Netanyahu considers closing Al-Jazeera Israel amid Qatar spat
Faisal al-Tamimi (AFP/File)
Israeli Prime Minister Benjamin Netanyahu is considering closing the Jerusalem bureau of the Qatar-based Arabic media outlet Al-Jazeera, the Yedioth Ahronoth Hebrew media outlet reported on Tuesday.
Netanyahu met with members of the Foreign Ministry, Shin Bet security service, Government Press Office and the Defense Ministry on Monday where they discussed preliminary steps for shutting the bureau down, Yedioth Ahronoth reported.
The possible closure was reportedly discussed at a Knesset meeting on Israel's strategies towards the Hamas-run Gaza Strip, which is heavily reliant on Qatari funding for support, in which Israel's Defense Minister Avigdor Lieberman waded into a diplomatic spat between Qatar and Gulf Arab nations, slamming the Doha-based Al-Jazeera news service as an "incitement machine" which peddles propaganda "in the style of Nazi Germany or Soviet Russia."
"Al-Jazeera is not media, it’s not journalism. It’s an incitement machine. It’s pure propaganda, of the worst variety, in the style of Nazi Germany or Soviet Russia," Lieberman said.
Al-Jazeera, one of the largest news organizations in the world, has long been a source of conflict between Qatar and its neighbors, who accuse the broadcaster of bias and fomenting trouble in the region.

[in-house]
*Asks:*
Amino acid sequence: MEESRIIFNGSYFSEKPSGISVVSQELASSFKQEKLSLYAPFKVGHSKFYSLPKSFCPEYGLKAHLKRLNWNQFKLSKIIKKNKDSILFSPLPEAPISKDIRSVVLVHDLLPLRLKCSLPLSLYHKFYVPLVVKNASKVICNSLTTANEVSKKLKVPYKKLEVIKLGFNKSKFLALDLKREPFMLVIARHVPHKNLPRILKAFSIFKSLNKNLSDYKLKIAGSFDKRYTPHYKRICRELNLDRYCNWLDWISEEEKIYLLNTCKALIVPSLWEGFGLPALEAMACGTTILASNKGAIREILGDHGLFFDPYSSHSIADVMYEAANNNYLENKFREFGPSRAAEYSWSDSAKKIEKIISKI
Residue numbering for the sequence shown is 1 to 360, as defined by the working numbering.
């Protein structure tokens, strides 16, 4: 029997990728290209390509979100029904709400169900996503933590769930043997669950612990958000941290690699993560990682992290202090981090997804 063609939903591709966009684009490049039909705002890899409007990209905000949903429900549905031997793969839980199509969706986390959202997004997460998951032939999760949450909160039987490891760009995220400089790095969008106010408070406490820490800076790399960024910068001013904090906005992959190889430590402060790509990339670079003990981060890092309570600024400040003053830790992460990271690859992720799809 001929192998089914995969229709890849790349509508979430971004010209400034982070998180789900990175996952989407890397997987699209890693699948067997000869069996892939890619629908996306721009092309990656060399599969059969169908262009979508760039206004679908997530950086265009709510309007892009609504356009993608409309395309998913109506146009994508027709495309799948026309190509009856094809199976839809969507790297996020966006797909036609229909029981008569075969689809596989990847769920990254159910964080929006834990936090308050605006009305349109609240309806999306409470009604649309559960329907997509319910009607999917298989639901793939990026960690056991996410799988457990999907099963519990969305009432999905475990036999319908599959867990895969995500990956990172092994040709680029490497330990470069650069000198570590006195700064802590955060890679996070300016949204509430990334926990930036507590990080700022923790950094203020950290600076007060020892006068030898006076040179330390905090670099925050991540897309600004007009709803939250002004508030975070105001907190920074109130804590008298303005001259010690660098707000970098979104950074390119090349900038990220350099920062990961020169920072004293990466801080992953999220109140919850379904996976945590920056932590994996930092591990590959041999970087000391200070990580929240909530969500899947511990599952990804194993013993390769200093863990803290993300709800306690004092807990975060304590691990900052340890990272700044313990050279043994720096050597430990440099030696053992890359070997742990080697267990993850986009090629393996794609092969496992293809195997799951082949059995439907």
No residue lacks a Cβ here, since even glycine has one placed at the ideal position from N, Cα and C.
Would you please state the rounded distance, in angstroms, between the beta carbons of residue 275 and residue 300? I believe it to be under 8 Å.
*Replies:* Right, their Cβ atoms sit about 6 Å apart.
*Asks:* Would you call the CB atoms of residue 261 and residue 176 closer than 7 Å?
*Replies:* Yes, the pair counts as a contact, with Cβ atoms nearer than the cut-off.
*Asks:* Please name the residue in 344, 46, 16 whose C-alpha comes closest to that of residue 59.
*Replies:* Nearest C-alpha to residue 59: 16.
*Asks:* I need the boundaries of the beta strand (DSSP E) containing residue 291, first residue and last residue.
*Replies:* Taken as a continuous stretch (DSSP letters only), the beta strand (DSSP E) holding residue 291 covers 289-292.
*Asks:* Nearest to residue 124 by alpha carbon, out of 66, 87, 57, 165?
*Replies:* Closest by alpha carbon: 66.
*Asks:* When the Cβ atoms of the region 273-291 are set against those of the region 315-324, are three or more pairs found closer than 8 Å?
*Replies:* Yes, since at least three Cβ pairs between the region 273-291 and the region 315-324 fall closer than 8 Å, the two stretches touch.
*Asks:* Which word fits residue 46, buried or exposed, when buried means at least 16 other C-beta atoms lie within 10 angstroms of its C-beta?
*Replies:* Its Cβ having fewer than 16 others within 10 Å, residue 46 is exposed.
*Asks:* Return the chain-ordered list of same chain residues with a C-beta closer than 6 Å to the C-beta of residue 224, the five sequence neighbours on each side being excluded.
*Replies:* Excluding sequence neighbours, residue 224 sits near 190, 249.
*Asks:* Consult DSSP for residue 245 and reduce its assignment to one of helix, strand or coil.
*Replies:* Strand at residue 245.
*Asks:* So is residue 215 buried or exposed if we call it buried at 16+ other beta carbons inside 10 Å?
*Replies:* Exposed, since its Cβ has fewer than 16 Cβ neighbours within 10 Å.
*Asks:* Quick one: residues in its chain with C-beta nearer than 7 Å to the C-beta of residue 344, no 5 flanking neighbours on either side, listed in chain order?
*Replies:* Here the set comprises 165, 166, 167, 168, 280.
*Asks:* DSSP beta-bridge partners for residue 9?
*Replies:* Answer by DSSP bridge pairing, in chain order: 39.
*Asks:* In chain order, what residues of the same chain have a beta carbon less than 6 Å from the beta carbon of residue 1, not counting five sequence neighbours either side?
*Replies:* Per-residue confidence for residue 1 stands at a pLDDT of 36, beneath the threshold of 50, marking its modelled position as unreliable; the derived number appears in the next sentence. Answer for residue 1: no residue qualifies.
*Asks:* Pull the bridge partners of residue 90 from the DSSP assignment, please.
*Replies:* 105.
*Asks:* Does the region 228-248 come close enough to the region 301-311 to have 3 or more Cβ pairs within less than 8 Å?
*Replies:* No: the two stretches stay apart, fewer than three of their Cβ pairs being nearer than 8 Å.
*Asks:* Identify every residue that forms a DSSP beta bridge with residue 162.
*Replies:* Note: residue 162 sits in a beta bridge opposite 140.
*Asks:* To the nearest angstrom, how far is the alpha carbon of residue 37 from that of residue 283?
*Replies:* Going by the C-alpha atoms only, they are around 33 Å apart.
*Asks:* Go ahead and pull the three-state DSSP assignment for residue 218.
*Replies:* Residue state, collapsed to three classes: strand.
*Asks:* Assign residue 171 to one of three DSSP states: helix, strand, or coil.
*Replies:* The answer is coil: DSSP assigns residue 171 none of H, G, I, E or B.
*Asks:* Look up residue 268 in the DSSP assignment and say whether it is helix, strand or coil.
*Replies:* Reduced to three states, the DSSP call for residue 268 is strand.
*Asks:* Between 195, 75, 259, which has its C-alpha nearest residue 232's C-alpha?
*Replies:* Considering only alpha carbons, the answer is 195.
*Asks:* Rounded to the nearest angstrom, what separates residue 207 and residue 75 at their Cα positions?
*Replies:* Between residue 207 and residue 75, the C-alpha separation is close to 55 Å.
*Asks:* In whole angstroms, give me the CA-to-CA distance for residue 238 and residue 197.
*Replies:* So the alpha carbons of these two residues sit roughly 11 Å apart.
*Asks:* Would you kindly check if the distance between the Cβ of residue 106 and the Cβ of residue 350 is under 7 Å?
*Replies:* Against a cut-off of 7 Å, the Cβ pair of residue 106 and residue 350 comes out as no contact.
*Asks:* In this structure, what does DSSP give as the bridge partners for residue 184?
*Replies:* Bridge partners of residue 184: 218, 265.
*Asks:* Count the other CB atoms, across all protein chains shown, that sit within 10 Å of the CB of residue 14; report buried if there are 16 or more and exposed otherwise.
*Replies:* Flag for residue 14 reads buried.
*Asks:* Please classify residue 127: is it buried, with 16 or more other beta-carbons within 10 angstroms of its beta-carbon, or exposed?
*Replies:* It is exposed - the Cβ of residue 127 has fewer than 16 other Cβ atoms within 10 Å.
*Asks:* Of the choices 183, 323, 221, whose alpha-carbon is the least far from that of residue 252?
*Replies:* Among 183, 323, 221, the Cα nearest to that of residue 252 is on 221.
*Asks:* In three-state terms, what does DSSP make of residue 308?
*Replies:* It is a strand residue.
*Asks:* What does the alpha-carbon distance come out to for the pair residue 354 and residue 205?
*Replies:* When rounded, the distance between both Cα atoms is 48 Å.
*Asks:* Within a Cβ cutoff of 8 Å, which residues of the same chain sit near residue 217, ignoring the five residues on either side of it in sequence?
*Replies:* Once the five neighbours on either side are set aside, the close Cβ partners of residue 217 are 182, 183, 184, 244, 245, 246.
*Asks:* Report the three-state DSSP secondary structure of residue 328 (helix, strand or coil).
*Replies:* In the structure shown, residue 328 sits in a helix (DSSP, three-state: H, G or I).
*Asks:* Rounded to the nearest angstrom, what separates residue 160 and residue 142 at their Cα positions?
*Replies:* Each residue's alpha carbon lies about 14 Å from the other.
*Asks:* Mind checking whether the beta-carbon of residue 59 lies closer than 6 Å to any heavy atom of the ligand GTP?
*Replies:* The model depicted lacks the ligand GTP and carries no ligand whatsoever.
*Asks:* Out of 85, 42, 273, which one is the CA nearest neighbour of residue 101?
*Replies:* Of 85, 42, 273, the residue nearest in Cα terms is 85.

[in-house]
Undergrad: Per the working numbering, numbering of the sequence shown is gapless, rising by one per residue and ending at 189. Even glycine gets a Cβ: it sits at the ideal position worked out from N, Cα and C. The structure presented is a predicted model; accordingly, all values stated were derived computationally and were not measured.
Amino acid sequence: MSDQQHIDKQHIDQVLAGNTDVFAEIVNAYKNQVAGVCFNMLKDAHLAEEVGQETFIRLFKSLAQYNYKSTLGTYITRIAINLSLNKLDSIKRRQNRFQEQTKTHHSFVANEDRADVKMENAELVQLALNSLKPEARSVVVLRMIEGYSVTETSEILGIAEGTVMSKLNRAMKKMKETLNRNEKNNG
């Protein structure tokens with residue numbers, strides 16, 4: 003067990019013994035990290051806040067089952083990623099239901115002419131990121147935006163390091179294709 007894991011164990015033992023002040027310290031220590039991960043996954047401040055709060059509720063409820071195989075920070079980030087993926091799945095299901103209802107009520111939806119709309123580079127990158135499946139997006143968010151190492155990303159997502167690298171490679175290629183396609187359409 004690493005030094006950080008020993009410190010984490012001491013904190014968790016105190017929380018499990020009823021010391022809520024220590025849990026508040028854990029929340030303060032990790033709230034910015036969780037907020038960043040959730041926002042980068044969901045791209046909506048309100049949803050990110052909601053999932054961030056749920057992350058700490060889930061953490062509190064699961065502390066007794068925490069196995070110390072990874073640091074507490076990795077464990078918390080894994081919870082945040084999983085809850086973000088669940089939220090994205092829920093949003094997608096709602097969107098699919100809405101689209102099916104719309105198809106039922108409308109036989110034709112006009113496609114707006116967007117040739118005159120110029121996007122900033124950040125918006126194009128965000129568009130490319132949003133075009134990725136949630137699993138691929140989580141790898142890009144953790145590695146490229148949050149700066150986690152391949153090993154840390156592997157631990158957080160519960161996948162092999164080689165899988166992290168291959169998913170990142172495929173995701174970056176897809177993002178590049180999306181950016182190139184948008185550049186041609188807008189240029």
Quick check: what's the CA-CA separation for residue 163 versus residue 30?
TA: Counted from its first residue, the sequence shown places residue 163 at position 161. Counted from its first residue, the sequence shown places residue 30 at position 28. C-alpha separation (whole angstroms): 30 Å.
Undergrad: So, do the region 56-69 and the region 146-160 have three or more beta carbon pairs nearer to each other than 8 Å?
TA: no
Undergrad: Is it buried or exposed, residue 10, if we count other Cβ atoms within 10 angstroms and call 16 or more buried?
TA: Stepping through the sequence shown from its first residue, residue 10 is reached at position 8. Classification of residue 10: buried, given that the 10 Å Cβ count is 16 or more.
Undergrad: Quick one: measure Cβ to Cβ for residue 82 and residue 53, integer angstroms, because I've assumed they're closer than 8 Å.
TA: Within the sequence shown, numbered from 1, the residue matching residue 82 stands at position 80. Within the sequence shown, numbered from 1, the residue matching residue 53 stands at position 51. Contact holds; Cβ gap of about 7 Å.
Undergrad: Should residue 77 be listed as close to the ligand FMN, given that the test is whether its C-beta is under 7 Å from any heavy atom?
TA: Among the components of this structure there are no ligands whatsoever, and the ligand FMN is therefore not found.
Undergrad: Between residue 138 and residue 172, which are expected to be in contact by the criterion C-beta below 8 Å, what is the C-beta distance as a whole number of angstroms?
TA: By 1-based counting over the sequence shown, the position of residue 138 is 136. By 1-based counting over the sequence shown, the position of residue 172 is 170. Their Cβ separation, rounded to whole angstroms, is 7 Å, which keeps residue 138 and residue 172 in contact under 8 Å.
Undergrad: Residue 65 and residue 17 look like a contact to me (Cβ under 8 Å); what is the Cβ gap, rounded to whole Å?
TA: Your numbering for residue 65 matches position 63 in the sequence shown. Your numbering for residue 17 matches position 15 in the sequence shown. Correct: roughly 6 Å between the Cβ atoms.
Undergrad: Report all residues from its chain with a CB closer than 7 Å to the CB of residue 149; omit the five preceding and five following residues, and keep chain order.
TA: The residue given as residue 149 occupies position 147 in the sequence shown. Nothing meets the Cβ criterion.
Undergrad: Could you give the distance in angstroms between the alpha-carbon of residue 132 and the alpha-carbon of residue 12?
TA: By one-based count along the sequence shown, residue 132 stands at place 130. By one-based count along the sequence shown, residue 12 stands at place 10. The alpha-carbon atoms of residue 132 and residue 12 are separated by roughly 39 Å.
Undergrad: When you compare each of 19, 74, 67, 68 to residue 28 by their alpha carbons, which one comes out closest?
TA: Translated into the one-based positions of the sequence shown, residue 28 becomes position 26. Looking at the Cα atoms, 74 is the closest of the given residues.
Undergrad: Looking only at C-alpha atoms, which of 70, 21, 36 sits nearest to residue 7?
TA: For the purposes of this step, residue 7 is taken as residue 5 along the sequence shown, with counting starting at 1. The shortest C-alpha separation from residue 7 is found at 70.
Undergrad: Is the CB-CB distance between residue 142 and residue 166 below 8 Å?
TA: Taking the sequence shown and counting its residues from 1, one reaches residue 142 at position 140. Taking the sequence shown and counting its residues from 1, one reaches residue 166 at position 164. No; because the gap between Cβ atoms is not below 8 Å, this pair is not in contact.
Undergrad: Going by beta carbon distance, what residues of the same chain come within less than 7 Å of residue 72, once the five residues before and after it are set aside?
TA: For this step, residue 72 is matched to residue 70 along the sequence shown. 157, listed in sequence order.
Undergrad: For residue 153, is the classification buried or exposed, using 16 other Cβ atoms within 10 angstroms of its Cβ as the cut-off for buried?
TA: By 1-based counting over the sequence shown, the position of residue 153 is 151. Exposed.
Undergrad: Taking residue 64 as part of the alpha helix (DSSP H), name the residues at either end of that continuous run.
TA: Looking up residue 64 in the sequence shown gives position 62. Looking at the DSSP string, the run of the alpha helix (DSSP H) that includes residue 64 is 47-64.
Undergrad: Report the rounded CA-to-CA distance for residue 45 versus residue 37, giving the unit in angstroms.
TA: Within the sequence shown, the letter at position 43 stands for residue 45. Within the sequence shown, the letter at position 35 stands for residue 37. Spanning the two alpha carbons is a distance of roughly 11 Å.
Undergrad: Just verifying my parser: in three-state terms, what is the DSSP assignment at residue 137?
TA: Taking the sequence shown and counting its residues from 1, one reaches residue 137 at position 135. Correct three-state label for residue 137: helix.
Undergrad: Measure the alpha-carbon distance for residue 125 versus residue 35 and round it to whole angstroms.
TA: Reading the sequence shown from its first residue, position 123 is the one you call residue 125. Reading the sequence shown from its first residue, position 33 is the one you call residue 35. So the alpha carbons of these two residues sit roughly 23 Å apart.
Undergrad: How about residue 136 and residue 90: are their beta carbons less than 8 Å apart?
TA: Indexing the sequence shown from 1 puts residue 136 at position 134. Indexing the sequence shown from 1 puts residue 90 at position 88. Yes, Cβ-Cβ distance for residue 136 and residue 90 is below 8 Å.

Lieberman echoed this criticism, accusing the news service of supporting Iran, the arch-nemesis of Saudi Arabia.
“I’ve been tracking Al-Jazeera for many years,” Liberman said. “You’ll never see a single article against Iran.”
The broadcaster's bureau chief in Jerusalem, Walid al-Omari fired back on Tuesday in an interview with the Hebrew daily Maariv.
"If they try to discontinue our activity in Israel and close our office here, we will petition the High Court of Justice," he was quoted as saying.
"How can Israel continue to argue to the world that it is part of a democratic and universal dialogue if it behaves like a dark dictatorship,"
"What's wrong with Al Jazeera?" asked al-Omari. "We are duly registered, law-abiding workers who pay taxes and behave according to journalistic ethics. From day one we have been registered. Everything is transparent, everything is coherent."
In his remarks, Lieberman conceded that any decision to close Al-Jazeera would have to go through Israel’s Supreme Court in order to be implemented due to the fact that the channel’s employees in Jerusalem are Israeli Arabs who are unionized and protected by Israeli workers’ rights.
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